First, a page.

I don’t know about you, but the most underutilized (never utilized?) jack on any effect on my board is for the expression pedal. I kinda know what they’re for, but have never really ventured into that world. Thanks to Dan & Mick’s crash course I’ll definitely have to go and pick one up and experience my existing gear in an entirely new way.
Here’s just three highlights from this week’s episode.
Ernie Ball’s Expression Delay and Distortion
Every now and then, an item shows up on the market that truly reimagines what an effect pedal can be. We saw that this past year with TC Electronic’s redesigned Flashback Delay 2 and Hall of Fame Reverb 2, which recreated the humble footswitch as a pressure sensitive “Mash” control (if you missed that one, check out our past TPS blog.
A few years back, Ernie Ball likewise provided a fresh look on how sounds might be manipulated by guitarists when their hands are otherwise occupied with the instrument. The result was two pedals that leveraged the lessons learned from their famed volume pedals for a digital delay and distortion pedal that literally rocks: the Expression Overdrive and Ambient Delay.
As Dan summed up, “The idea is, in the heel position, they’re bypassed. When you dial in and lean the expression part of the pedal forward it engages the pedal and turns it on.” For the Expression Overdrive pedal this engages a parallel movement of the overdrive and built-in boost. When it comes to the Ambient Delay, the blend of delay and reverb ratchet up together when the pedal is swept on. In short, the pedals offer a new take on how to control an effect in real time and thus opens up the spectrum of sounds tucked away inside the stompbox.
Bigger Skies with the Strymon Big Sky
The reverberating vistas of the Strymon Big Sky are already a game changer. From wide open realms to the outer reaches of the universe, the ambient spaces created by the Big Sky never disappoint. This pedal changed the way I play. And now, I’ve got to change the way I play it due to the perspective Dan & Mick gave on its expressive qualities.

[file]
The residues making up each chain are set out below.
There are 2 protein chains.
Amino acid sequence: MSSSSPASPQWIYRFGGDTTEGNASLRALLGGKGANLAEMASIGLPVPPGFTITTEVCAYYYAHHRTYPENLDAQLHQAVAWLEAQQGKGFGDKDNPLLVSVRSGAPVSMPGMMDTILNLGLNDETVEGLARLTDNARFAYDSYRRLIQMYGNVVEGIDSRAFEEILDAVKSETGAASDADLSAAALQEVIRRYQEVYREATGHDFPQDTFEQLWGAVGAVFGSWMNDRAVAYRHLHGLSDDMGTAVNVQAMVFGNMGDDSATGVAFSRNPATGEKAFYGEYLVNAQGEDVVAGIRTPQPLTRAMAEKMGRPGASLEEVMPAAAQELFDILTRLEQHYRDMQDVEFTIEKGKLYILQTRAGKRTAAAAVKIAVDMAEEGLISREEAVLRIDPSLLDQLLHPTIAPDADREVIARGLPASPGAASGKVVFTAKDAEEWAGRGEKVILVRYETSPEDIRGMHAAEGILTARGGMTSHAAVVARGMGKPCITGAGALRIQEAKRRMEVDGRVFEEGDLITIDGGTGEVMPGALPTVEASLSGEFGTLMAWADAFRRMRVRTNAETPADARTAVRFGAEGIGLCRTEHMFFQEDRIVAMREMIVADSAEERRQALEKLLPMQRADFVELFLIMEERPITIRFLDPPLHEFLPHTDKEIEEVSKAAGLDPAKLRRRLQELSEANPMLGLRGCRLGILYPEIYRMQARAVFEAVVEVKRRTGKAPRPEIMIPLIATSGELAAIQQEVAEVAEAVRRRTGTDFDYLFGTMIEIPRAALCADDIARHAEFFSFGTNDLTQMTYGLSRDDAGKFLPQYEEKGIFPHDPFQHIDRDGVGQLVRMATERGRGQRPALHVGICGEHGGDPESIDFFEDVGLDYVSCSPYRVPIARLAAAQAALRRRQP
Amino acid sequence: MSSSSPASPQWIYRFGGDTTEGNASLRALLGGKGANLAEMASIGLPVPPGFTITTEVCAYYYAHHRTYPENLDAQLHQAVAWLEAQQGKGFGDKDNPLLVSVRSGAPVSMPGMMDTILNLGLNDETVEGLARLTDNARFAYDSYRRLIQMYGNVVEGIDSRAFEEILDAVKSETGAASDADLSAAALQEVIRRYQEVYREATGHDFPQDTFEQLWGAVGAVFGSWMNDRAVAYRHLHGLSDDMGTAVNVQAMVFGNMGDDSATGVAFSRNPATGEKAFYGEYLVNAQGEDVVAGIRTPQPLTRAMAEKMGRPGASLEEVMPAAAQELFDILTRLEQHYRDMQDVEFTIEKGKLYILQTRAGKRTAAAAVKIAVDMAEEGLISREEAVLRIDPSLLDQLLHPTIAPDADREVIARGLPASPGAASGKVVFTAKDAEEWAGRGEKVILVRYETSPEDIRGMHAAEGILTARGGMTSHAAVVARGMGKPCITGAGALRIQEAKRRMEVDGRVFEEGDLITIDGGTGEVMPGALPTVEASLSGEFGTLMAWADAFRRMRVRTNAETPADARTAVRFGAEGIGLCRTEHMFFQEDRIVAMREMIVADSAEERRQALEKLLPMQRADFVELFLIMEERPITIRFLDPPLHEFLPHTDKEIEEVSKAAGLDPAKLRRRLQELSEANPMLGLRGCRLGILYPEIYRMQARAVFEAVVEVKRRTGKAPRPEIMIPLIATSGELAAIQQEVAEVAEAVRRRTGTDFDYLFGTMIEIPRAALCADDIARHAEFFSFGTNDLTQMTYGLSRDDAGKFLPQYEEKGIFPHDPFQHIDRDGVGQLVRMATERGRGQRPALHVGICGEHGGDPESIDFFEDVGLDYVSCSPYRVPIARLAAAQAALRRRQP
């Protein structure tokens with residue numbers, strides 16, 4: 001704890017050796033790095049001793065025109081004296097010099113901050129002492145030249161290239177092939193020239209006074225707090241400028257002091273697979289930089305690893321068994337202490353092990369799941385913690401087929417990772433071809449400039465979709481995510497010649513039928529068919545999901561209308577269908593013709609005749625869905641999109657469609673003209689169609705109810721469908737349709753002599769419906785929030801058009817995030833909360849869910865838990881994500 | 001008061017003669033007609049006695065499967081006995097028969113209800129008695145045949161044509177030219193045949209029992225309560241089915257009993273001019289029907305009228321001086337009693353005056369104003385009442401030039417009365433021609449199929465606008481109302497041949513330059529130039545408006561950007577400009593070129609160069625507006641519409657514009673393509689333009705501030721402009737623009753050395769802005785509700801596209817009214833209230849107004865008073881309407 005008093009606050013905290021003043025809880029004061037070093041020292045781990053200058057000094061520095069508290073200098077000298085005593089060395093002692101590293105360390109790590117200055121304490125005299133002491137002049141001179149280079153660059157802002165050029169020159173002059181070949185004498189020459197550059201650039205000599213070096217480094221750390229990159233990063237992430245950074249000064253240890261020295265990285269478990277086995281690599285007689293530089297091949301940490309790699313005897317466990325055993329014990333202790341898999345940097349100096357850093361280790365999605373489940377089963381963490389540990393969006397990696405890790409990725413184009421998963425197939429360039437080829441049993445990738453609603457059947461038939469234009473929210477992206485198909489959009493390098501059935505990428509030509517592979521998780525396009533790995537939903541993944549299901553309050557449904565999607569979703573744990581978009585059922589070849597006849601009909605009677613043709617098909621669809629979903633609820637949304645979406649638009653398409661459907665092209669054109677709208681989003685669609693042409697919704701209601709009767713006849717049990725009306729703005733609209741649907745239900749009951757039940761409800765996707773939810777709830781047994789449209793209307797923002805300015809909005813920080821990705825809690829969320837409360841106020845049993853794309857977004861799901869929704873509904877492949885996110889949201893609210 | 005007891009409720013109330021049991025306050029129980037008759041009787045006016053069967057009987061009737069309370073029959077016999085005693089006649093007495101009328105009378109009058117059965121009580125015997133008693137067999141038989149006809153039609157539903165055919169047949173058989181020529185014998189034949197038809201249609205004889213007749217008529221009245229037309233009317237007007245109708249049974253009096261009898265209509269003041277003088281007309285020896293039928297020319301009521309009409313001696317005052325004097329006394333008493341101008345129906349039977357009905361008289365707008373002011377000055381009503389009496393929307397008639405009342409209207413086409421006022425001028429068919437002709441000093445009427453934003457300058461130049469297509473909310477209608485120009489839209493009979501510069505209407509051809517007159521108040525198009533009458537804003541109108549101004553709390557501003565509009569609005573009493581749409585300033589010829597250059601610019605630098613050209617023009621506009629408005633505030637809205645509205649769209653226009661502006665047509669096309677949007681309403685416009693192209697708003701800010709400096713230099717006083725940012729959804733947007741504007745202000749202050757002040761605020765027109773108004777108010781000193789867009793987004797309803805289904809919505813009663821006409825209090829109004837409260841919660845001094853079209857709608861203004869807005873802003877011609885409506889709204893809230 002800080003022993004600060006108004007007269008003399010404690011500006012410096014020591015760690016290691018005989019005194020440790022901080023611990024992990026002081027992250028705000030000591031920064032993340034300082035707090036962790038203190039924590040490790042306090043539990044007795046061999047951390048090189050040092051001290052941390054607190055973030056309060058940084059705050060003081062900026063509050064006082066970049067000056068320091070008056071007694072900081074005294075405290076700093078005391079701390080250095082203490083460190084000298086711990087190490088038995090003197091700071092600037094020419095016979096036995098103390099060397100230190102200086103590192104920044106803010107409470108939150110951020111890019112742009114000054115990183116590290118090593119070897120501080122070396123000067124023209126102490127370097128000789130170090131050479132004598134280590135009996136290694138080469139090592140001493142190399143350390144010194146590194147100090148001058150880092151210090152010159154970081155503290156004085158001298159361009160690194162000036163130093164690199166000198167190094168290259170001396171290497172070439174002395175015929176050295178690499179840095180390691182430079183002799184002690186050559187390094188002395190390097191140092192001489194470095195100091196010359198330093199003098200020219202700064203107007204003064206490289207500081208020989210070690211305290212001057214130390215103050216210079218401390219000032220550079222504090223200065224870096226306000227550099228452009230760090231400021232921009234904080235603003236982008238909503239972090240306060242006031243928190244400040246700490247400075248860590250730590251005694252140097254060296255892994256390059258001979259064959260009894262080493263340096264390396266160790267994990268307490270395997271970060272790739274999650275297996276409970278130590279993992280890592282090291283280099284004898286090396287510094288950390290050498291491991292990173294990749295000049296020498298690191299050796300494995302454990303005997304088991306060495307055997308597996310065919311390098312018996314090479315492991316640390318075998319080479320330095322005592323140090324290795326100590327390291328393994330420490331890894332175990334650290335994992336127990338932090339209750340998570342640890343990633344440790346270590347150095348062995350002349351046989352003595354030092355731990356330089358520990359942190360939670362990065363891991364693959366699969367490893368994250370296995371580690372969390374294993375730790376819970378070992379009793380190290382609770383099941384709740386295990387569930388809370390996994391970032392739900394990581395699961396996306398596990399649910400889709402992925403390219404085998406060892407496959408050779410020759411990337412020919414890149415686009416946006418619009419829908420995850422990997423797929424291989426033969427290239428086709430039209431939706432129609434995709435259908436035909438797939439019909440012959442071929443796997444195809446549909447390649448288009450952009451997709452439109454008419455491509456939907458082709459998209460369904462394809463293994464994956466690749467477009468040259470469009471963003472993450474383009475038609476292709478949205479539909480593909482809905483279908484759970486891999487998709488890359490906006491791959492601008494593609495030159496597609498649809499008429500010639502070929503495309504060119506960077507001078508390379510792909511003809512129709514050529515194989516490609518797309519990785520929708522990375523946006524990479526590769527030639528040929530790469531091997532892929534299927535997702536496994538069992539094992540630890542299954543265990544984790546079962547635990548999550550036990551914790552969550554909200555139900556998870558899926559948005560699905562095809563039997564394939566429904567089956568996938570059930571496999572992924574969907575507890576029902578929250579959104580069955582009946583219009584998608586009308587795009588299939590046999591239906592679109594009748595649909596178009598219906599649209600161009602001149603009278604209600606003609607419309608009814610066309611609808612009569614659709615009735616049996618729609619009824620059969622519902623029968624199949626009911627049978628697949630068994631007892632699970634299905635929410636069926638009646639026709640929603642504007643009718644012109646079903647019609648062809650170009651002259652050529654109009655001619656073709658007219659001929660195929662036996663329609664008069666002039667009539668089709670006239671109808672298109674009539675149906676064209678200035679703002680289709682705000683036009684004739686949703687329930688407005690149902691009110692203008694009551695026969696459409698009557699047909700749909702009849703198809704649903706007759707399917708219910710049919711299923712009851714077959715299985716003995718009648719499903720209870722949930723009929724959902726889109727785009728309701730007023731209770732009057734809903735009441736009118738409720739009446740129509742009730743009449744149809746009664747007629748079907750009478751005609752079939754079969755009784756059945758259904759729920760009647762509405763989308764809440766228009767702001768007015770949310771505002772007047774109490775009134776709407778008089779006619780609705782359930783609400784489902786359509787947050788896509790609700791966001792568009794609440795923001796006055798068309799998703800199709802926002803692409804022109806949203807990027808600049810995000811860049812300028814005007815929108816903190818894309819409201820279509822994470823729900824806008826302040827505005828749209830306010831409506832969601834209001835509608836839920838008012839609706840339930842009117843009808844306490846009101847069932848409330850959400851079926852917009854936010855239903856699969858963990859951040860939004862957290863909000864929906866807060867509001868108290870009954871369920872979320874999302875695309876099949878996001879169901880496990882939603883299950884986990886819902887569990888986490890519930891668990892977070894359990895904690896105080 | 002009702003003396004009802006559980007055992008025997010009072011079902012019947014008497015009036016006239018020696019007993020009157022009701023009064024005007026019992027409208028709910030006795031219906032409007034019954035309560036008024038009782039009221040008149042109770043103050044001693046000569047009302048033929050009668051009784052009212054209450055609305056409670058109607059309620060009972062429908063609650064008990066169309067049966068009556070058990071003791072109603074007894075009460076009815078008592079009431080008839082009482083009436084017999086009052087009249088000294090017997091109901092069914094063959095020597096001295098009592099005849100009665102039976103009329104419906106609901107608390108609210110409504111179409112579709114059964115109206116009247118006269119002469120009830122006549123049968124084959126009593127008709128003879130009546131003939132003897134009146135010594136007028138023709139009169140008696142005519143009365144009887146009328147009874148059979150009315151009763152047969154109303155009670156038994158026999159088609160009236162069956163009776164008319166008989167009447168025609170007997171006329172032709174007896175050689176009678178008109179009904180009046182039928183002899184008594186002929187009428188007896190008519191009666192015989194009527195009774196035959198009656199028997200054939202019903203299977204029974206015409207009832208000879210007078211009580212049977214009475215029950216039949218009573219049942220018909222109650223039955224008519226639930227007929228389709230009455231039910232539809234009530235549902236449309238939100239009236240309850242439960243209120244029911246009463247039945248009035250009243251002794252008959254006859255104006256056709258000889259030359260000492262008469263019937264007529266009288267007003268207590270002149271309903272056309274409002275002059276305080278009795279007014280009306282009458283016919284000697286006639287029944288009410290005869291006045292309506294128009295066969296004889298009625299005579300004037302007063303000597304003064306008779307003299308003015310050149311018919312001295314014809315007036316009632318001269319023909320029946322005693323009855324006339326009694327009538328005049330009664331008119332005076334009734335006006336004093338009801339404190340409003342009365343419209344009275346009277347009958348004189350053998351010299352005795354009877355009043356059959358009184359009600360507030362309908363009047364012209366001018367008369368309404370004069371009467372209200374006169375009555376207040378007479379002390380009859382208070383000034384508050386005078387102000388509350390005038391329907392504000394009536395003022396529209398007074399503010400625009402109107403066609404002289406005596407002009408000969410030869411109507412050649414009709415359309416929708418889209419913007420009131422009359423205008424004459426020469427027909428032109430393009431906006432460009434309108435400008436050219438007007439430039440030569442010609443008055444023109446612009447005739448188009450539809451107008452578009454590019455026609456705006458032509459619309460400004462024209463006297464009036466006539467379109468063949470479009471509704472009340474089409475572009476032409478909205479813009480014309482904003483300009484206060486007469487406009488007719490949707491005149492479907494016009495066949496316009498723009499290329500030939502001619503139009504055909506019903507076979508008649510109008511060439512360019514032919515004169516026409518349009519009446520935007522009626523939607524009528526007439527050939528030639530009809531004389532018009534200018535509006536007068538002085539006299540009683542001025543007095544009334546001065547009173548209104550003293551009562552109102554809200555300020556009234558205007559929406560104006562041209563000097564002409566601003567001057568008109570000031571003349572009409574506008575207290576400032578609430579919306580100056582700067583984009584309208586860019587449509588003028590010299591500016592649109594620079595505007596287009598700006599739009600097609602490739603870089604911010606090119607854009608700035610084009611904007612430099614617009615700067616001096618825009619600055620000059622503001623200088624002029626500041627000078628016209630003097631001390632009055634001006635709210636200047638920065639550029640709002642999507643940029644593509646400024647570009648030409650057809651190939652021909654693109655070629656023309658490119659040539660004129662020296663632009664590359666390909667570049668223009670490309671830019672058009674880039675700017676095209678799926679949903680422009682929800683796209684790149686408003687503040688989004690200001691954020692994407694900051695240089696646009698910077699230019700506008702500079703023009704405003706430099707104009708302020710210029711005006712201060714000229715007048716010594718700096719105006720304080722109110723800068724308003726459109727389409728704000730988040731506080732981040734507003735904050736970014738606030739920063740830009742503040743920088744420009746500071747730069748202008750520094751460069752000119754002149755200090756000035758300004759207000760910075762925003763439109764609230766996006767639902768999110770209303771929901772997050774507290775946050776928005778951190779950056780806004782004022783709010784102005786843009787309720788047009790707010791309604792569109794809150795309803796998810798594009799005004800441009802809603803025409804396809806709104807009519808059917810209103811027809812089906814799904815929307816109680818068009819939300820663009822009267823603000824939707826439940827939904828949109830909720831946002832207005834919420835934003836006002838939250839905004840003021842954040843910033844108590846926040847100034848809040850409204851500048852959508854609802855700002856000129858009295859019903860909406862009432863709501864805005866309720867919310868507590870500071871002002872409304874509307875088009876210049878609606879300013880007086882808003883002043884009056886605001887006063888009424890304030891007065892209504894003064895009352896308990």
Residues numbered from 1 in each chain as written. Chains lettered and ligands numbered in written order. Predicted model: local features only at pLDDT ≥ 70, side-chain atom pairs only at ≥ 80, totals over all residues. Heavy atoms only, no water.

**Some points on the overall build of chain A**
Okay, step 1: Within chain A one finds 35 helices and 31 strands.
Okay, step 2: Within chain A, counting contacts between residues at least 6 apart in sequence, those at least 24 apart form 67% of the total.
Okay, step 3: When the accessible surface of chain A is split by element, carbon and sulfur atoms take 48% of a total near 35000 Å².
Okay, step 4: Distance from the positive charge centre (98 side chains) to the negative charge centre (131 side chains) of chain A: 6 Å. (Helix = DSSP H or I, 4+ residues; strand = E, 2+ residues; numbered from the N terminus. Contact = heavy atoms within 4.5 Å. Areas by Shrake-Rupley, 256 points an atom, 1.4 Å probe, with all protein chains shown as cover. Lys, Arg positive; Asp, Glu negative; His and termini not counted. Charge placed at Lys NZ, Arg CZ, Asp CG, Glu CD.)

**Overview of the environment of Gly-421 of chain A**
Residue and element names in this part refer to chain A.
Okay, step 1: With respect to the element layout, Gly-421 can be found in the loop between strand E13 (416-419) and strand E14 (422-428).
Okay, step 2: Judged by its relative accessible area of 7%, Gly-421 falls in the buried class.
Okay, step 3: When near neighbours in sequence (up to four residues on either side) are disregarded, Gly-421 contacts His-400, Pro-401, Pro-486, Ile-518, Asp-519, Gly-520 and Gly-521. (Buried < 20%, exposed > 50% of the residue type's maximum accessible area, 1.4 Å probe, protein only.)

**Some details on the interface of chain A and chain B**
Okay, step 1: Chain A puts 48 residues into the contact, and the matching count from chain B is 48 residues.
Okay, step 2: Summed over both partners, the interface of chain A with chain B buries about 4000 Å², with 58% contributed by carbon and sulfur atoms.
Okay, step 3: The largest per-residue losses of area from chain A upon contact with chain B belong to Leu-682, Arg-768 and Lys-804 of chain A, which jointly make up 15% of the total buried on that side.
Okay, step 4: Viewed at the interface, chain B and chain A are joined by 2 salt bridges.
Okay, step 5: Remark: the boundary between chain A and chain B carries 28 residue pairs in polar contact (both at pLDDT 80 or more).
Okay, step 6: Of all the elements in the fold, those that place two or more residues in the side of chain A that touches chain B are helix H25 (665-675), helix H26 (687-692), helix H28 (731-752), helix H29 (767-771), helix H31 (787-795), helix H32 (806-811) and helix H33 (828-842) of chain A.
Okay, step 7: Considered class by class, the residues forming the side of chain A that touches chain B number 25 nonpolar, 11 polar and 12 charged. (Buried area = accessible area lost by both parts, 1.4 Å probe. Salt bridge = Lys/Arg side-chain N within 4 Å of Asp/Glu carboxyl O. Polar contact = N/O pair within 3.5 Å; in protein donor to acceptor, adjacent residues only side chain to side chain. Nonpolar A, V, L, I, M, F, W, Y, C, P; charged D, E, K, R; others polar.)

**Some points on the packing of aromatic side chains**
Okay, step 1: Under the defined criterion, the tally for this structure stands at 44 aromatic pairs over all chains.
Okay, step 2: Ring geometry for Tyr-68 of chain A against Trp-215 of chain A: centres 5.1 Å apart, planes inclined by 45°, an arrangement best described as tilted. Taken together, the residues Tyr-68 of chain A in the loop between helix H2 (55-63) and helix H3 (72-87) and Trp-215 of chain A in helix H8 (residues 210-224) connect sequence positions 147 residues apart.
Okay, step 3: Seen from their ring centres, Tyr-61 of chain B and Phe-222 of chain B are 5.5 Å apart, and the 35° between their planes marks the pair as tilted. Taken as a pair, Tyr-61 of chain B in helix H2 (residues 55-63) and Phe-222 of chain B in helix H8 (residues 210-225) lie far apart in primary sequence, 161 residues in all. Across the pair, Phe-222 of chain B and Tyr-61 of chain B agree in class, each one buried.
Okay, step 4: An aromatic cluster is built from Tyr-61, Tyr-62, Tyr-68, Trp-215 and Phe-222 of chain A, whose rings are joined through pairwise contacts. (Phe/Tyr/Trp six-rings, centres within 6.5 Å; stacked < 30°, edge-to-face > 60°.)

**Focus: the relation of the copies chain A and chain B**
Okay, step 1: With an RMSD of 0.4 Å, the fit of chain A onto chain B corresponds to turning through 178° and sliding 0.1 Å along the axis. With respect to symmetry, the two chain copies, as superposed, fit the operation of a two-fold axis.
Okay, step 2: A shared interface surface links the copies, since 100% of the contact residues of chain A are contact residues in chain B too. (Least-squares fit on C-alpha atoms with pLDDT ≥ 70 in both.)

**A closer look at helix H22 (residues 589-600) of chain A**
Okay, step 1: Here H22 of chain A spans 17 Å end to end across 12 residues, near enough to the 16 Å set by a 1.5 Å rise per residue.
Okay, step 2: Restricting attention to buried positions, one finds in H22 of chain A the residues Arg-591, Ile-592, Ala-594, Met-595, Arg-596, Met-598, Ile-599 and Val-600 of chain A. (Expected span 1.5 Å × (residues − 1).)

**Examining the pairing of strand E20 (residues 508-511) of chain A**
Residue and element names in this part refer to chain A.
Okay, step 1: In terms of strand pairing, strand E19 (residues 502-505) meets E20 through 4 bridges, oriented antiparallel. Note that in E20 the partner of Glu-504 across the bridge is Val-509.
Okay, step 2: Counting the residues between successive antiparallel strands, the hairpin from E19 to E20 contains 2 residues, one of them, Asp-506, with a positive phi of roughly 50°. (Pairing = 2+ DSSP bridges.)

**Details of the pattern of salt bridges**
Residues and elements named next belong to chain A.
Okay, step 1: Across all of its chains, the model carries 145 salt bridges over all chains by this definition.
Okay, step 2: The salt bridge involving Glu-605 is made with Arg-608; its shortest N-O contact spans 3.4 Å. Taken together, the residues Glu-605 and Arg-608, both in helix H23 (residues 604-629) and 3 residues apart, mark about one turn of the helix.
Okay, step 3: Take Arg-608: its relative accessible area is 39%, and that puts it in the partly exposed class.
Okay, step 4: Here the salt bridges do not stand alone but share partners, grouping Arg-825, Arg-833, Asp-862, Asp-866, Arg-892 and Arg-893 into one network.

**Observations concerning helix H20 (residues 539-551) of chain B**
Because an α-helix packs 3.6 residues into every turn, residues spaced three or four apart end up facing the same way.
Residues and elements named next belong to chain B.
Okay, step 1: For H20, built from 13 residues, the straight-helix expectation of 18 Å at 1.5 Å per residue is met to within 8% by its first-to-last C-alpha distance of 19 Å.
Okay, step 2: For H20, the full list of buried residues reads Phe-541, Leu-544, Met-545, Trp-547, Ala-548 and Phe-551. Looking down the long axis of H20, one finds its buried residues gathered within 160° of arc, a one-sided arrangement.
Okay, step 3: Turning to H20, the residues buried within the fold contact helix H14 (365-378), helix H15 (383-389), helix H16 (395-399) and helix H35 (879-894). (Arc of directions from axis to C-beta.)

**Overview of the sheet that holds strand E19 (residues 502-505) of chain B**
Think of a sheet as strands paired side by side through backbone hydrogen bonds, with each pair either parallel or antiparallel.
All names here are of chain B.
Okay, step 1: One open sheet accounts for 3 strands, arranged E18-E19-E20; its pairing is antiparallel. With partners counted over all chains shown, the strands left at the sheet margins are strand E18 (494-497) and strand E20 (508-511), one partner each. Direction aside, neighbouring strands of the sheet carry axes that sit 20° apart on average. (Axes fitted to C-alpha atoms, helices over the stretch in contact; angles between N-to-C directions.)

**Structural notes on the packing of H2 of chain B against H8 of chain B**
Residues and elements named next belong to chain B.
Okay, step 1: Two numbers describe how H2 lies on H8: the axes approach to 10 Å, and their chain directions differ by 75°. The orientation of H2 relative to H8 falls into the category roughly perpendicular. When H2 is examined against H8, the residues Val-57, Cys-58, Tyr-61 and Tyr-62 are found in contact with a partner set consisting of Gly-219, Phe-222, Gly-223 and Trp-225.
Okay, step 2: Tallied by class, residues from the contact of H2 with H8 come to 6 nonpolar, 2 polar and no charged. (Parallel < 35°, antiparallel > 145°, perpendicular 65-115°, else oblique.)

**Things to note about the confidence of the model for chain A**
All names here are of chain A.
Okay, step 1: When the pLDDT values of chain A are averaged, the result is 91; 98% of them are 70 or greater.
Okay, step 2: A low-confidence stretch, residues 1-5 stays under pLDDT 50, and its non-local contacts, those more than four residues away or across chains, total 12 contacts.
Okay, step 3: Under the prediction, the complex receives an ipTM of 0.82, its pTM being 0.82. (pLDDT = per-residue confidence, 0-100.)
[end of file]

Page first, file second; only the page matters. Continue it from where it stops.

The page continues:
As Dan demonstrated, almost any parameter on the Big Sky can be controlled by the expression pedal with the added benefit of being able to tailor the minimum and maximum of the feature in question. On top of this, as a digital pedal the Big Sky allows you to control the effect with the expression pedal by sending continuous control (or c.c.) messages via Midi. For example, when demoing the Big Sky on a “Choral” reverb engine, it was possible to bring in just the ooh-ahh sound of the reverb in behind the signal giving the sense of an ever-broadening and multi-dimensional space as the expression pedal was rocked back and forth.
Stock, out of the box this pedal is incredible and its deep customization is intuitive—the prospects of the new terrain with the expression pedal just makes the skies even bigger!
Playing with Time and Rate on the Walrus Harmonic Tremolo
As Dan demonstrated, when the Walrus Audio Monument Harmonic Tremolo pedal was partnered up with an expression pedal it opened up new ways of managing the effect on the fly.
In the examples played in the episode, Dan highlighted how the simple rock of the expression eased or excelled the rate of the tremolo effect. In this case, it was the Roland EV-5 pedal, which includes a side-mounted knob to control the minimum setting of the expression pedal. In short, you don’t have to start at zero—it’s up to you to determine the starting point of the parameter (in this case tremolo rate) in the heel position. As Dan commented, this type of functionality could be very useful for songs that required variations in tempo “or if you needed a specific sound [in a song] that was at just the right speed, you could make that the heel down position.”
This week Dan & Mick celebrated 100,000 subscribers and it has been great to be part of the journey. For any and all sounds heard on That Pedal Show, head over to Riff City so we can help you build your customized pedalboard. Need to express yourself? Be sure to check out our full line-up of expression pedals that partner well with any effect with that easily overlooked expression pedal jack.
Guitars: Fender Custom Shop ’63 Telecaster; Collings 290 DCS; Fender American Vintage ’63 Stratocaster; Duesenberg Bonneville.
Amps: Marshall Plexi 1987 XL (50 watt), 4x12 Marshall cabinet; Two Rock Classic Signature.Pedals: D’Addario Pedal Tuner; Keeley D&M Drive; Thorpy FX Veteran; Walrus Audio Monument; JAM Pedals Delay Llama Supreme; Empress Echo System; EarthQuaker Devices Rainbow Machine; Strymon Big Sky; Ernie Ball Expression Drive; Ernie Ball Ambient Delay; Roland EV-5; Source Audio Reflex.